- Cut the bacon slices into small pieces, then cube the chicken in small chunks. Place the meat in separate bowls, cover, and refrigerate until needed.
Shaping the Hand Raised Pies (25 minutes + 20 minutes chilling)
- Line a 9 by 13-inch rimmed cookie sheet with parchment paper, then very lightly oil the outsides of four clean 6-ounce (177 ml) glass canning jars.
- Divide the still warm hot water crust pastry into four equal pieces. Cut a small chunk off each piece and set aside to make the lids.
- Roll out one of the larger pieces of pastry to make a 6 or 7 inch circle. Place the jar in the center of the circle and bring the pastry up around its sides. Flatten out the creases with your hands, then lay the jar on its side and roll it back and forth to smooth out the pastry. Try not to make the pastry too thick, but make sure there are no holes. Repeat with the remaining jars.
- Roll the four smaller pieces of pastry into circles a little larger than the mouths of the jars, then cut a ½ inch hole in the center with a piping nozzle. This will allow you to pour in the stock later.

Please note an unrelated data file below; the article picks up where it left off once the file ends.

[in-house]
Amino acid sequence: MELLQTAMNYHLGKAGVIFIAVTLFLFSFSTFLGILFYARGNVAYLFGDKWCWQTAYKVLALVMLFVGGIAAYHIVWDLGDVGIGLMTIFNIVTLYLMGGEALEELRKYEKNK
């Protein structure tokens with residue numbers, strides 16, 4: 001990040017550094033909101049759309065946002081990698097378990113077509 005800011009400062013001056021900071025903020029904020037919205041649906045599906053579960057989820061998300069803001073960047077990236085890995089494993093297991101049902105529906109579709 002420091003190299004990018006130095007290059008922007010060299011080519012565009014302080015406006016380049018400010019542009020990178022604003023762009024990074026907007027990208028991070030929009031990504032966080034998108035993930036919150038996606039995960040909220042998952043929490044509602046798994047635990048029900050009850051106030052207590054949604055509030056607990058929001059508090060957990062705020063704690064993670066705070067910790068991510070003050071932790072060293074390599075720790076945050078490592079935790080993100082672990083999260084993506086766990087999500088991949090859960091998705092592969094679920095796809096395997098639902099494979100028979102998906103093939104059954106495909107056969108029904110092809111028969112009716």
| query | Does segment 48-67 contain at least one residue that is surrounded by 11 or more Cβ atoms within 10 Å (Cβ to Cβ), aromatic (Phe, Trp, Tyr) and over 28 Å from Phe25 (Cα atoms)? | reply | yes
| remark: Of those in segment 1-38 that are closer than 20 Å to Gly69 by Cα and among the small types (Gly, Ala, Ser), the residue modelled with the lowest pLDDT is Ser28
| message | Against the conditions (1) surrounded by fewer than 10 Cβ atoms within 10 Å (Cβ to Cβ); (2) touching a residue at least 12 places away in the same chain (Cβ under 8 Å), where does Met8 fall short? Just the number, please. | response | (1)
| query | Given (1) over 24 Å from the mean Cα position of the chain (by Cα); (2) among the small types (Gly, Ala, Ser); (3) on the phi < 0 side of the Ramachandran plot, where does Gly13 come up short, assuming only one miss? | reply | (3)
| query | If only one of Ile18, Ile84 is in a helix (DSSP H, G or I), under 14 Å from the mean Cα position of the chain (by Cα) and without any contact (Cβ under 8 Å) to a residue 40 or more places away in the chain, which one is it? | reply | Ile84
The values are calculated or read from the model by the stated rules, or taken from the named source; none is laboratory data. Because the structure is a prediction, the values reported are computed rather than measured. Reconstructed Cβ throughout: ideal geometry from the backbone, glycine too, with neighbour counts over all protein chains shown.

- Chill the pastry-wrapped jars and lids for 20 minutes. Meanwhile, fill a kettle with water and bring to a boil.
- Once the pastry has chilled, trim off the excess pastry to give each pie a flat top. Fill one of the jars with boiling water, then gently loosen the pastry with a knife and carefully pull the jar out of the pastry. Repeat with the remaining jars. Be careful not to let the hot water sit in the pastry-wrapped jars for long, or the pastry will become very soft.
Filling & Crimping the Pies (20 minutes + 50 minutes baking)
- Preheat the oven to 400 F.
- Toss the chicken with the lemon zest and half of the thyme, salt, and pepper. Add the remaining seasonings to the bacon and mix until well blended.
- Layer the filling in each pie as follows: bacon, onion, chicken, apricot, bacon, onion, chicken. Make sure the filling goes all the way to the edges of the pie, and be careful not to overstuff. You will probably have extra filling.